Essential oils: What are Essential Oils?

Essential oils are aromatic volatile oils that come from plants or plant parts.

The use of highly concentrated aromatic essential oils for healing is often called aromatherapy. While the term aromatherapy is relatively new, the use of fragrant plant oils as medicines, perfumes, and cosmetics is ancient. People in the Middle East devised distillation methods to extract essential oils from plants as early as 1000 BCE. By the Middle Ages, many people throughout Europe used essential oils as perfumes and medicines.

Plants produce essential oils, also called volatile oils, in specialized oil glands located within or on their leaves, flowers, roots, fruit, seeds, or other parts. Long important in commercial perfumery, these oils are still used to create exquisite and expensive perfumes, but they have many other uses, too. Commercial food and beverage makers use essential oils as flavorings. Other industries incorporate essential oils with antiseptic properties into products designed to kill germs. Essential oil of thyme, for example, is a main ingredient in some mouthwashes. Pure plant essential oils are popular in the manufacture of natural cosmetics because they have properties, including anti-inflammatory and antiseptic abilities, that help soothe and rejuvenate your skin.

Essential Oils

Scientific research has shown that aromas can have a profound effect on human emotions, and plant essential oils (aromatherapy) are often used to improve mood or state of mind. Some plant oils, such as peppermint, have uplifting and invigorating effects, helping to refresh and clear the mind. Others, like lavender, are calming and can help induce relaxation or even sleep. A growing body of research supports the clinical use of aromatherapy to treat certain conditions, such as anxiety. One small clinical study, for example, showed that massage with lavender essential oil reduced patient anxiety in a hospital intensive care unit. Other clinical studies have confirmed the traditional use of lavender essential oil to treat insomnia. Hundreds of laboratory studies have documented the antiseptic and anti-inflammatory properties of other essential oils.

How Essential Oils Work

Essential oils are composed of molecules of aromatic compounds. One essential oil might contain hundreds of these aromatic compounds, which contribute to the oil’s unique aroma and physiological actions. Chemists call these “volatile compounds” because their molecules easily evaporate, or volatilize, into the air. This is contrasted with fixed oils, such as cooking oils, which do not evaporate as quickly.

Essential oils can enter your body via absorption through your skin. In addition, the aromatic molecules floating around in the air enter your nose and are picked up by olfactory receptors. These transport information to the olfactory bulb located at the top of the nasal passage at the base of your brain. From there, scent information is passed on to the limbic system, a primitive part of your brain responsible for very basic body functions. The limbic system communicates with the hypothalamus and pituitary, master glands that affect and regulate fundamental body processes including the secretion of hormones and the regulation of moods, digestion, appetite, sexual arousal, and heartbeat. Aromas also stimulate the parts of your brain that control memory.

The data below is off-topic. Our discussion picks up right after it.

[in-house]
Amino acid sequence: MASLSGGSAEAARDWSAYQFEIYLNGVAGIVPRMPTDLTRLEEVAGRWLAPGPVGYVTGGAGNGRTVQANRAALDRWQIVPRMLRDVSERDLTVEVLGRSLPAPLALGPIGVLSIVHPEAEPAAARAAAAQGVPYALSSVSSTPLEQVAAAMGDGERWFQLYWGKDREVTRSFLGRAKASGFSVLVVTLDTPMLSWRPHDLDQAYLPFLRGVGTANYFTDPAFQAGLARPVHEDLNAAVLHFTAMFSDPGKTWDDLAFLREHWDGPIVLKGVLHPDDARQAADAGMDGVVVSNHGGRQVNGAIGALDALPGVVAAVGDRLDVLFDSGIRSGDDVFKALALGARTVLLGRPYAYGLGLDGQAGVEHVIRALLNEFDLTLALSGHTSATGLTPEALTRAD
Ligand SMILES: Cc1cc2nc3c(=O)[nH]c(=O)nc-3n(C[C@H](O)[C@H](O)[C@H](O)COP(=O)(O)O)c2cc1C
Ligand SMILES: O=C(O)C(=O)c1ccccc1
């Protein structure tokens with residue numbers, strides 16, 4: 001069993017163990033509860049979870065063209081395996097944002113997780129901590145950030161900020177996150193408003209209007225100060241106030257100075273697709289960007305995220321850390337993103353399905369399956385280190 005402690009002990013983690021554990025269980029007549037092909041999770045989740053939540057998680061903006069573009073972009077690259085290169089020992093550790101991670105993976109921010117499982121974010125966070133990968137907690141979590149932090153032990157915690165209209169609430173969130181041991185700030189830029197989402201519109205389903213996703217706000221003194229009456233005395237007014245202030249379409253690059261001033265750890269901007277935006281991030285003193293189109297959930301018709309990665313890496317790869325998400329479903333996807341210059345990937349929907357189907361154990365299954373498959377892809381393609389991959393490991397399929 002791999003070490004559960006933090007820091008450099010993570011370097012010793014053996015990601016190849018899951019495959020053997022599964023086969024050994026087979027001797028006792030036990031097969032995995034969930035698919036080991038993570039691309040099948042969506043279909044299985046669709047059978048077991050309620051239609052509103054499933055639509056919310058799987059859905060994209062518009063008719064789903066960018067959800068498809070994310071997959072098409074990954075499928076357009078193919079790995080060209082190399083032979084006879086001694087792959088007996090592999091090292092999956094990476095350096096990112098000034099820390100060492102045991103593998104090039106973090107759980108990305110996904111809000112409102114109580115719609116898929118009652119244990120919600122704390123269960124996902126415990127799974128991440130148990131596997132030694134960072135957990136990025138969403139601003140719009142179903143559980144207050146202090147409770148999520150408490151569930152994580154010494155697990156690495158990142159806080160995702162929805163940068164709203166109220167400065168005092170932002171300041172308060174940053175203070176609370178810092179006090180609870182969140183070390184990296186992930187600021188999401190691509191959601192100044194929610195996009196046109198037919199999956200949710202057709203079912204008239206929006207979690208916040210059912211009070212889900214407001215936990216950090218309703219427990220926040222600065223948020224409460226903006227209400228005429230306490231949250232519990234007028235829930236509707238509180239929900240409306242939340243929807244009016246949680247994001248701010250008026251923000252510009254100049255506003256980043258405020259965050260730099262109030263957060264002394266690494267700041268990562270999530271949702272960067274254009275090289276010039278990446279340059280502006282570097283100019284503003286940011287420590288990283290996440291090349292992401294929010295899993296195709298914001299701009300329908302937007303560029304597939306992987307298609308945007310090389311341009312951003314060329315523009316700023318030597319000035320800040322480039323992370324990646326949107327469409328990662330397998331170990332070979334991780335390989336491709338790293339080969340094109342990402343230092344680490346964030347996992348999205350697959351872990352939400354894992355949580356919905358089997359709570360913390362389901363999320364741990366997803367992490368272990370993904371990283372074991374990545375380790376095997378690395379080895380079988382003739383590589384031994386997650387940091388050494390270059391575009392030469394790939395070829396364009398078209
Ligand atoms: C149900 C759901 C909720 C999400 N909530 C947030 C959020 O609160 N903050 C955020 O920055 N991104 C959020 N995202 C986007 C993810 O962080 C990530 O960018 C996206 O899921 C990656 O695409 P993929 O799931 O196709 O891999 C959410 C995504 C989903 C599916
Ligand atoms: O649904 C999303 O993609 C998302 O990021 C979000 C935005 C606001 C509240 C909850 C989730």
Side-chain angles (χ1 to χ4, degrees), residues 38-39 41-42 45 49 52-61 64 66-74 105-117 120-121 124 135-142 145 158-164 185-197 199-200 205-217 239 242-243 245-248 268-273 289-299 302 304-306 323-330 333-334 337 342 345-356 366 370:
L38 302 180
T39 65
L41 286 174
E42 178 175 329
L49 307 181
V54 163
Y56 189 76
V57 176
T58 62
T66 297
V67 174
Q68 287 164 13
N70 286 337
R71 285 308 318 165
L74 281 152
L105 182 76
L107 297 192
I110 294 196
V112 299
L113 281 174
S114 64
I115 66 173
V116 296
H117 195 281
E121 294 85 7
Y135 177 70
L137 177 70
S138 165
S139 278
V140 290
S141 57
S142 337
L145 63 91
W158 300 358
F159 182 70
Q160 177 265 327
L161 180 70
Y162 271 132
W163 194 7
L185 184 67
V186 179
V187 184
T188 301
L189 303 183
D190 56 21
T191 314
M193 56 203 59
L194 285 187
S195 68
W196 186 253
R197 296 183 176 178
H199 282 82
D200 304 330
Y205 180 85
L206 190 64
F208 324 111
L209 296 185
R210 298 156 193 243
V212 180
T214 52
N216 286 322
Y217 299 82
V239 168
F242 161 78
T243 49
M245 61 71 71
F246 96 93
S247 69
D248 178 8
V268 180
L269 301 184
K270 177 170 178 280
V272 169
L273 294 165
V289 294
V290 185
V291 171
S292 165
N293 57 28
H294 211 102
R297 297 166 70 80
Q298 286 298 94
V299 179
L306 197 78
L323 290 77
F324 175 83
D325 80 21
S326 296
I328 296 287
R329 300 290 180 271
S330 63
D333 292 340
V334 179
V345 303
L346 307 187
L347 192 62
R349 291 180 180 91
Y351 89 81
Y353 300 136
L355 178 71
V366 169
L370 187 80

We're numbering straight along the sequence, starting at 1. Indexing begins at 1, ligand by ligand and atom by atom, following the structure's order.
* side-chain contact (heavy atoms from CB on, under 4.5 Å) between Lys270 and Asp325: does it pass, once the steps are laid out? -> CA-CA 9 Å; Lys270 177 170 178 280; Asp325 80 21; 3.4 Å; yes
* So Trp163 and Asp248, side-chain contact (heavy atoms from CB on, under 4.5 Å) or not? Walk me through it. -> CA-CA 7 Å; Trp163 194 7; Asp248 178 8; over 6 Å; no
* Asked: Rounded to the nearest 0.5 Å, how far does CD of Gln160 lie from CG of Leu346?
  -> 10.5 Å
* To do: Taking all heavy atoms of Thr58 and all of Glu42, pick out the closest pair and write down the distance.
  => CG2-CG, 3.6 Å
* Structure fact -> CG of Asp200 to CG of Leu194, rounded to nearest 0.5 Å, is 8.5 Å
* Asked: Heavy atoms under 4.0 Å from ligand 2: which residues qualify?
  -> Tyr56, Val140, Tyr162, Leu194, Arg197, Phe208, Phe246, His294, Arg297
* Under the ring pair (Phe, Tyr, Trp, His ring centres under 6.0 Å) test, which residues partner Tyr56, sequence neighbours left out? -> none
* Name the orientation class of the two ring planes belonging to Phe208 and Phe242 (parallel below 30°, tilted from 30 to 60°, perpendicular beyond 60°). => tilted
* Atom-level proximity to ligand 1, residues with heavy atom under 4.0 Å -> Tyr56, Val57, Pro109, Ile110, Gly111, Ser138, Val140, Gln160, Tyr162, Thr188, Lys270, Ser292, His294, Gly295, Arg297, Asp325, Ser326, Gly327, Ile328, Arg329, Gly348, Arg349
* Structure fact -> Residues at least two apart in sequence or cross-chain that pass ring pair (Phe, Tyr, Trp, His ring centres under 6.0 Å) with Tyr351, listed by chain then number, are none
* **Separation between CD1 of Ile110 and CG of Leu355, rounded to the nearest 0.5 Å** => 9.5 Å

Important Cautions

Essential oils are extremely concentrated and must be treated with respect. A good rule of thumb is that more is not better! Never use undiluted essential oils directly on your skin — always use them in a diluted form (in a carrier oil, cream, or water), or vaporize them and gently inhale them. Never take essential oils internally, and keep them away from your eyes. Be sure to use only high-grade, pure plant essential oils (not synthetic fragrance oils), and become educated on the use of essential oils by reading a reputable book devoted to the subject or consulting a trained aromatherapy professional.

Essential oils are estimated to be about 50 times stronger than the whole herbs from which they are extracted, but the concentration depends on the species from which they are derived. Also, be aware that some herbs that are perfectly safe to eat or to drink as a tea contain very strong, potentially toxic essential oils that must be used with caution. Examples include cinnamon bark (Cinnamomum verum), clove (Syzygium aromaticum), oregano (Origanum vulgare), savory (Satureja spp.), and thyme (Thymus vulgaris). Other essential oils, such as tansy (Tanacetum vulgare), are so toxic that they should not be used at all in aromatherapy. Essential oils made from flowers (such as rose or orange blossom) generally are the mildest essential oils.

Using Essential Oils

Using Essential Oils

Two of the most popular ways to use essential oils are by inhaling them (smelling them) and by applying them to the skin (in a massage oil or facial oil). To obtain the benefits of aromatherapy, essential oils can also be added to bathwater, skin creams, and lotions; used to scent bedding, clothing, and laundry; and incorporated into homemade air-fresheners. A diffuser (a device specially designed to disperse essential oils into the air) can be used to fill an entire room with fragrance.